There’s ‘listening’ and there’s really listening …
A short way into the Copenhagen episode of his series on Liveable Cities, Mikael Colville-Andersen emphasises the importance of listening in creating good spaces. But as we all know, human interaction is a bit more subtle than that. There’s ‘listening’ (as in “I hear what you say …”) and there is real listening, which results in taking account and in change.
Listening, often managed through a consultation process bringing together experts and the representatives of the public, is an inevitable, but often unsatisfactory, part, of the planning and development processes. All too often the default model is the kind of consumer study carried out by large manufacturers in the heyday of mass consumption. The departmentalised structures within these companies bred a culture where each specialised group performed a task on a product, then pushed it ‘over the wall’ to the next team to deal with. Only in the lofty realms of management was a complete picture available. The public response in focus groups or surveys was just part of the process. ‘Listening’ took place, but there it ended. Expertise went unchallenged, and there was no accountability.
Listening properly challenges both the experts and the elected representatives charged with governing the process. It can be painful for specialists to hear ‘non-experts’ suggesting other ways, and generally having to accept the status of equal in the dialogue. Politicians, having received a mandate from a majority of electors to get on and deliver manifesto commitments, might also struggle to deal with conflicting views from diverse communities, regarding them as something to be overcome in pursuit of an objective, when in reality they are part of a process of shaping it. One of the biggest flaws in the Government’s recent White Paper on the planning process is that the creation of a new local plan, however much debate is entailed, marks the end of the consultation with the people who will live with the consequences, rather than its beginning.
Having declared a climate emergency in 2019 York has set itself the task of becoming both more liveable and to emit net zero carbon by 2030. The urgency of the issue has focused some truly impressive brainpower on the situation, as the recent York Climate Change Commission report shows. Writing the report involved a ‘citizen jury’ to give their views on priorities, the stated purpose of which is to secure ‘licence’ for the actions recommended. There listening might end, unless a genuinely mutual partnership emerges that monitors, shapes, and helps govern York’s progress towards that utterly vital target.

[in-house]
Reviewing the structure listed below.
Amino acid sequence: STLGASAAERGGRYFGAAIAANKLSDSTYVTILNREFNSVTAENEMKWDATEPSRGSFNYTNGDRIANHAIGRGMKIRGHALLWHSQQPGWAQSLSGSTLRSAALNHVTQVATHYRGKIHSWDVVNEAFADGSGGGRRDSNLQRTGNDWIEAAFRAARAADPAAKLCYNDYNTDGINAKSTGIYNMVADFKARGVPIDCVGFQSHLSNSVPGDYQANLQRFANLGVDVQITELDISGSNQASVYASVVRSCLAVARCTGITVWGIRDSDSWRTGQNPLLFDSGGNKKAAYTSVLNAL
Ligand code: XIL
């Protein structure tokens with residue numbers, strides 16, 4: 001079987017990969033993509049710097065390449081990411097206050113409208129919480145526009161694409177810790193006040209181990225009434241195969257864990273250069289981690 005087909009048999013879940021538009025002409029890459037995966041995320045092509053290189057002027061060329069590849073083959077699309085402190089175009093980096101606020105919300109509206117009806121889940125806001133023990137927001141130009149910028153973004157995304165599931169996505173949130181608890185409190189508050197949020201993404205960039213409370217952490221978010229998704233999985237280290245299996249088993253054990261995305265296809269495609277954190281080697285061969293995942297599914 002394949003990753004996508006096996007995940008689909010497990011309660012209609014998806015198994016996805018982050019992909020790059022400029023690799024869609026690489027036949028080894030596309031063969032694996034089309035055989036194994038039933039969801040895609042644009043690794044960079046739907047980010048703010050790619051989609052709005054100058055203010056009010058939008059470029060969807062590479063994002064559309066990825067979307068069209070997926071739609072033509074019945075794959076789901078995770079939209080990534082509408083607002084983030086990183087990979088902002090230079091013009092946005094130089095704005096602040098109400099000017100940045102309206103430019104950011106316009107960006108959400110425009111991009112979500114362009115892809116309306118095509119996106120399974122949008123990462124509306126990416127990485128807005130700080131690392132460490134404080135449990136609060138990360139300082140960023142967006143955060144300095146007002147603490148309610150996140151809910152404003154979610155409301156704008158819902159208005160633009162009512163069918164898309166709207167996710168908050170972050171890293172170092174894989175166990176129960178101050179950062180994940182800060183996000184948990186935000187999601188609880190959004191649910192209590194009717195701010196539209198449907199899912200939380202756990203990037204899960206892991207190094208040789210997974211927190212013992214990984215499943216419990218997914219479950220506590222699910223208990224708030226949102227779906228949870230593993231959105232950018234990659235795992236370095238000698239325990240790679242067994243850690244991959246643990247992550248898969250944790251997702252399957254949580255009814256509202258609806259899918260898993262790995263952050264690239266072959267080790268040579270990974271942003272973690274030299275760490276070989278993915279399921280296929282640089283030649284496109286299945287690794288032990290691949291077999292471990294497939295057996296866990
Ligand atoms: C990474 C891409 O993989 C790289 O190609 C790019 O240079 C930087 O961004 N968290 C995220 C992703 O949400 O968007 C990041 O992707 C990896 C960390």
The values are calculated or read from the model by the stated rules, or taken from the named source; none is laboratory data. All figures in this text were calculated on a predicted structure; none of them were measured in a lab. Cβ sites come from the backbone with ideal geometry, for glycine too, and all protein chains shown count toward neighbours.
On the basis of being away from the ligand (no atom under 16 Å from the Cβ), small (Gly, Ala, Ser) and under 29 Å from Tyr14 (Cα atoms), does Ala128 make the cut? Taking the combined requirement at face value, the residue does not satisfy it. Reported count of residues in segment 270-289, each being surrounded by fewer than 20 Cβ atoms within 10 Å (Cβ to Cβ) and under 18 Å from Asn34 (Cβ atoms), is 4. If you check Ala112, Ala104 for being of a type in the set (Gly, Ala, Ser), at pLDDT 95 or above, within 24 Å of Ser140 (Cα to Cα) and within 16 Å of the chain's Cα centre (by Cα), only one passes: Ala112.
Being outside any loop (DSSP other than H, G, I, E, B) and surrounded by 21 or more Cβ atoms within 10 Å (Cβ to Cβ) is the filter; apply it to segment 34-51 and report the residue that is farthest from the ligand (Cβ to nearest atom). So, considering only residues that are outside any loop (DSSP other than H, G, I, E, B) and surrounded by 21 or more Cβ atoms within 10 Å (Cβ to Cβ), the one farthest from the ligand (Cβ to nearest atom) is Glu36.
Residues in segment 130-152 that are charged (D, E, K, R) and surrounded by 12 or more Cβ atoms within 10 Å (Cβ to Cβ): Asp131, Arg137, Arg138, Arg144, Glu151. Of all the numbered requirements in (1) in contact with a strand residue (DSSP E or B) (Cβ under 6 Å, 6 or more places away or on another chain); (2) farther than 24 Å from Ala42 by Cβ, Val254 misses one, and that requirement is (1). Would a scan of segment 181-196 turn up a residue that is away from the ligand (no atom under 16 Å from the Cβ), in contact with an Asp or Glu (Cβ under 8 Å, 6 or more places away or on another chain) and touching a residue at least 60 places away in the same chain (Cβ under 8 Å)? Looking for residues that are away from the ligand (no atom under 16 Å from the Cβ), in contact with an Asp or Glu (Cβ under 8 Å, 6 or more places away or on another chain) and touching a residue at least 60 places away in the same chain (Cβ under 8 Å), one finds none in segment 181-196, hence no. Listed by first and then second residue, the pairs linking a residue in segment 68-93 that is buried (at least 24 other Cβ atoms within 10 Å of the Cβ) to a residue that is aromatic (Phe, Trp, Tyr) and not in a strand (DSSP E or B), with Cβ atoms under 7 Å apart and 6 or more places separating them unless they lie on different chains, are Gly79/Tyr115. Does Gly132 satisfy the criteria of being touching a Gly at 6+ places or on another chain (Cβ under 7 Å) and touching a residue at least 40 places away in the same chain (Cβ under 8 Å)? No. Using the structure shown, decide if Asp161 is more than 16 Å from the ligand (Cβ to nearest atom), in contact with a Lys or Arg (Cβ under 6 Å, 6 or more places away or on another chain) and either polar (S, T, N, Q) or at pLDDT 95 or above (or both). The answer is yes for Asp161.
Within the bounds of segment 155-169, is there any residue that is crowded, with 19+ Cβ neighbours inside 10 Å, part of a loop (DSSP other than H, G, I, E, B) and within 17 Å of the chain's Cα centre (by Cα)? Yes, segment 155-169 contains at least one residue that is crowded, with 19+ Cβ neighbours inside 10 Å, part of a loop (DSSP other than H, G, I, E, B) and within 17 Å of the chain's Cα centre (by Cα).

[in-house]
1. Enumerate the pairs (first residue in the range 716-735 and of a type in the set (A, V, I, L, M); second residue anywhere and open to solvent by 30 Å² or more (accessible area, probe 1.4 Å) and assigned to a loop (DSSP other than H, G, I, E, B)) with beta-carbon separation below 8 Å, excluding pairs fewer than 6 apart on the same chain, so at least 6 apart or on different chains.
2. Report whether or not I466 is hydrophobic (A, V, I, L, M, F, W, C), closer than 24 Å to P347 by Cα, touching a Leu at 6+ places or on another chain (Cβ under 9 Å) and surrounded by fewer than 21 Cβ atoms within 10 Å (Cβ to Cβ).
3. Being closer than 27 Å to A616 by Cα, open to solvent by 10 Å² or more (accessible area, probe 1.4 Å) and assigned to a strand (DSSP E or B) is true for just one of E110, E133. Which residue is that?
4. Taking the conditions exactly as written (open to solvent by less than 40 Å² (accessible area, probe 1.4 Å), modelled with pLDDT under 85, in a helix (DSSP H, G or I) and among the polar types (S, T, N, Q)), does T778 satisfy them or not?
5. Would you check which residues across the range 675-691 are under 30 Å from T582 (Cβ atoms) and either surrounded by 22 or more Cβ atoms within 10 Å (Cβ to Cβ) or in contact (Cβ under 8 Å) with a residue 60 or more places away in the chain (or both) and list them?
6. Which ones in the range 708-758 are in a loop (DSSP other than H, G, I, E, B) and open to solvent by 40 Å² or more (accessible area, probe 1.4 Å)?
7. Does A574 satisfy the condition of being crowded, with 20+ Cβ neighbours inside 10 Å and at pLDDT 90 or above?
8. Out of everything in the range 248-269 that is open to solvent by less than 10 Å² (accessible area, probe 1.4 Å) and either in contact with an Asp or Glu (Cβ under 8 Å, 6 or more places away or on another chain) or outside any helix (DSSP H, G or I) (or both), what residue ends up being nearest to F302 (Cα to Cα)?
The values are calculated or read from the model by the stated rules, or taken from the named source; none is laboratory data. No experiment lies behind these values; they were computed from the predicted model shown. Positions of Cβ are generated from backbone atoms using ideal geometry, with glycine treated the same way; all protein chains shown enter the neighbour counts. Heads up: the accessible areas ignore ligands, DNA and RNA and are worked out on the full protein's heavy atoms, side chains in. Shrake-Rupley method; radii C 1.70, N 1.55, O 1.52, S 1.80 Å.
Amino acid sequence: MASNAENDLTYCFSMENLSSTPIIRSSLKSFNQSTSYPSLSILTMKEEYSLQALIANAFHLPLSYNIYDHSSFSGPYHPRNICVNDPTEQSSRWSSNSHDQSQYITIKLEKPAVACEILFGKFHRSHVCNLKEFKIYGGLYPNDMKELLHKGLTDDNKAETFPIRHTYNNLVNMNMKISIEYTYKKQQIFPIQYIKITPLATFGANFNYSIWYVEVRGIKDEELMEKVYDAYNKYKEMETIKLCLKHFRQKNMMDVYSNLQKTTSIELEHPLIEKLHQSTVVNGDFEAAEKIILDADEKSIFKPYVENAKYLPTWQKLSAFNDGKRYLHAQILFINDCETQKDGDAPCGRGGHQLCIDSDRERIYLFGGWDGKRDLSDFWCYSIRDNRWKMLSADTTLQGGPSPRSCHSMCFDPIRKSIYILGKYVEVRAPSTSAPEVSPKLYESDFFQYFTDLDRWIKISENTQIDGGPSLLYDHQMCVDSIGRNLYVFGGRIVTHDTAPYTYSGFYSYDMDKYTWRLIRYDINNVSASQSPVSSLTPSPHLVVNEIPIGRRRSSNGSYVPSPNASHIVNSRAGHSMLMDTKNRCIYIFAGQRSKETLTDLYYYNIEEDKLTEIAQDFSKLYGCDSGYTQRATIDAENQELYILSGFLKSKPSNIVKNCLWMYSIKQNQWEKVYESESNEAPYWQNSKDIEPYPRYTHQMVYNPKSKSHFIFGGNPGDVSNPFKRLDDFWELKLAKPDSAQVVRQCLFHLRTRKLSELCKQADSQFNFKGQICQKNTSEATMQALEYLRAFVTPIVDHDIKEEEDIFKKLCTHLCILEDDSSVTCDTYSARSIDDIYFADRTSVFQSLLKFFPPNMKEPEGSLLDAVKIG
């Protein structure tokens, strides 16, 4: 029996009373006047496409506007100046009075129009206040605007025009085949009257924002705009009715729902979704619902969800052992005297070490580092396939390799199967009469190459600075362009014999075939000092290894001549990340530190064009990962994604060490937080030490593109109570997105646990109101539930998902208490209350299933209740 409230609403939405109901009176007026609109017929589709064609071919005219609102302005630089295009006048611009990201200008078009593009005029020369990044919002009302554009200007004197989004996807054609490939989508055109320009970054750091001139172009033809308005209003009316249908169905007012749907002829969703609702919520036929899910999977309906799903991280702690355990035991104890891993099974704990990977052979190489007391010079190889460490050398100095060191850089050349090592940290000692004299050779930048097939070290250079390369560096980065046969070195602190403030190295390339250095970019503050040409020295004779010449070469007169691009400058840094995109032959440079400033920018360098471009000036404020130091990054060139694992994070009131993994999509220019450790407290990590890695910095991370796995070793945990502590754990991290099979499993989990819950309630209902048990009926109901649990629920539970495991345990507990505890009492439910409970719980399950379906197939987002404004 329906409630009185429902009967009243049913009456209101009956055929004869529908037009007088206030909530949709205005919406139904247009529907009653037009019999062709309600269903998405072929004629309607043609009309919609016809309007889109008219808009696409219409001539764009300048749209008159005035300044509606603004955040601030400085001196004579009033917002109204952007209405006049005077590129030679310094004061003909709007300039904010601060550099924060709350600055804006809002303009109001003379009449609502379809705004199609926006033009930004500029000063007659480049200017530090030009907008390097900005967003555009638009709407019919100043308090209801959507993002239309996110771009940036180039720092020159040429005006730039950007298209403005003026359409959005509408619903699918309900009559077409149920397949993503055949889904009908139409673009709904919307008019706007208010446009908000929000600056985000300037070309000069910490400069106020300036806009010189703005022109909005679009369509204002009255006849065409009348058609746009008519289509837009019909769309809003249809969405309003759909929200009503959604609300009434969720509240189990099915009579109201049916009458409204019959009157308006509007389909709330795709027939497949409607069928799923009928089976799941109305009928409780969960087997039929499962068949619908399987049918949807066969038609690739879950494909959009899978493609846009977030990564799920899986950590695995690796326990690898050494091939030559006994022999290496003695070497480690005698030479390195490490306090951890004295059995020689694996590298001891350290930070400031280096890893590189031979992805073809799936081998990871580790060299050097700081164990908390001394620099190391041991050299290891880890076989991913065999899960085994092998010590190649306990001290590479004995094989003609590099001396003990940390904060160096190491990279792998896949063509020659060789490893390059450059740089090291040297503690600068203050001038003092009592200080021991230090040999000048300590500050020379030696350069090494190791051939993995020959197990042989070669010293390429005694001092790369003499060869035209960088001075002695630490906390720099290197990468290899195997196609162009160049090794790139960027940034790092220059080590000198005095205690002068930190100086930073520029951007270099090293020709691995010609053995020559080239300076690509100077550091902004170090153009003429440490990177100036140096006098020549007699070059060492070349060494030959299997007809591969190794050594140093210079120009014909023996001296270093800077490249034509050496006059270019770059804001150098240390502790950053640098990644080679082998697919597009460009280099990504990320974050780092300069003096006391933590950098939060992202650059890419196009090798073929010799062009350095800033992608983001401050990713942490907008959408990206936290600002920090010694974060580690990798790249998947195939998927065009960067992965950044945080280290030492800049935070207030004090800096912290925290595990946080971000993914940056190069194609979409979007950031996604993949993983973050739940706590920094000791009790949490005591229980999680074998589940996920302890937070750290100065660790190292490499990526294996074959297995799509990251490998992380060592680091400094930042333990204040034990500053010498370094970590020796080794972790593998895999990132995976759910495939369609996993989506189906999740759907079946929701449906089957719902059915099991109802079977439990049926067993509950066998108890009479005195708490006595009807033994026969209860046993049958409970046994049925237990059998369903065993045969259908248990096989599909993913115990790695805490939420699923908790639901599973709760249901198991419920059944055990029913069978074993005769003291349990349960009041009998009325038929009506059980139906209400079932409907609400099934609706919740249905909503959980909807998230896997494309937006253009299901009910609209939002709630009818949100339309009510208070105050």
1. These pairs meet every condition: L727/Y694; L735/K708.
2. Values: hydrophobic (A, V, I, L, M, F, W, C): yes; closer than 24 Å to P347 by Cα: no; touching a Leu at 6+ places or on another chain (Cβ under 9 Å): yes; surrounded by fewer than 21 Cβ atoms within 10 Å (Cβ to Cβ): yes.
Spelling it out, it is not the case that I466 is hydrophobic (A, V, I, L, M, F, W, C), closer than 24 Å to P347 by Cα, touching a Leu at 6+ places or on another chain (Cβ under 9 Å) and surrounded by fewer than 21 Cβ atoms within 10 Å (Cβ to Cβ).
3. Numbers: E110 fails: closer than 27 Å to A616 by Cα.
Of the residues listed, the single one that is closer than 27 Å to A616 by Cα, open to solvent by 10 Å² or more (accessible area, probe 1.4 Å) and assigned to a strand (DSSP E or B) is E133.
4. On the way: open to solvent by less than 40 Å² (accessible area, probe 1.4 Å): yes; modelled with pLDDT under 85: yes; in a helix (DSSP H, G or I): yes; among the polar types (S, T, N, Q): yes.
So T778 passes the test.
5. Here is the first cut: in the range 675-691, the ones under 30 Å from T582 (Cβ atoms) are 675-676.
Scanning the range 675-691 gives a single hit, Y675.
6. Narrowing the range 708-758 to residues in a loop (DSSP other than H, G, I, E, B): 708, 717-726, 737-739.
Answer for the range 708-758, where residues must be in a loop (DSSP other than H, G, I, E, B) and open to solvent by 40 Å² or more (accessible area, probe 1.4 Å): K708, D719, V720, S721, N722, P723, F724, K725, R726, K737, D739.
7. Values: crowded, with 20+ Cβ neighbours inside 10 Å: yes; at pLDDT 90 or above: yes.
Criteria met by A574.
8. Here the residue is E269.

In what we must hope is a sign of a better year to come, the UN has declared 2021 the Year of Creative Economy for Sustainable Development. As you would expect of a UNESCO Creative City, My Future York is only one of several models of good practice in partnership and co-production. York is part of a national programme, Enabling Social Action, that promotes ways of working with communities to commission council services. In York the Local Area Coordinators ‘walk alongside’ members of their community, sharing their stories, and helping them to find support, whether that is medical, social or cultural. They are not just being consulted; they are co-producing their own support. The ‘ladder of co-production’ – seven steps we can take to enable people to be fully and properly involved in shaping their surroundings – is transferable to the process of making cities more sustainable.
We could ask ourselves ‘How far up the ladder are we with York Central?’ and feel somewhat depressed. But I reflect on my single experience of Copenhagen, around twenty years ago. Then Christiania was not in such good shape, even for a hippy commune. It had yet to recover from the economic and ideological pasting it got from the Danish government, which was always keener on Thatcherite dogma than their Scandinavian neighbours. Although Stroget was already a stroller’s paradise, even in the bitterest depths of winter, it was at what Jan Gehl called an early stage of pedestrianisation, devoted to conspicuous consumption rather than sociability. I saw very few bikes back then, and I was not surprised to learn that 20% of the growth in cycle usage has happened since 2006.
In twenty years, in other words, Copenhagen has been ‘Copenhagenized’. It’s wrong to think of that as a planning prescription, for bike lanes, play spaces or any single ‘solution’. The result, which is never finished, owes its richness and vitality to layer upon layer of listening, dialogue, changes of mind and direction. Two decades in a city’s life is not such a long time, provided you are constantly trying new things, learning from mistakes, and making things stick.
10 January 2021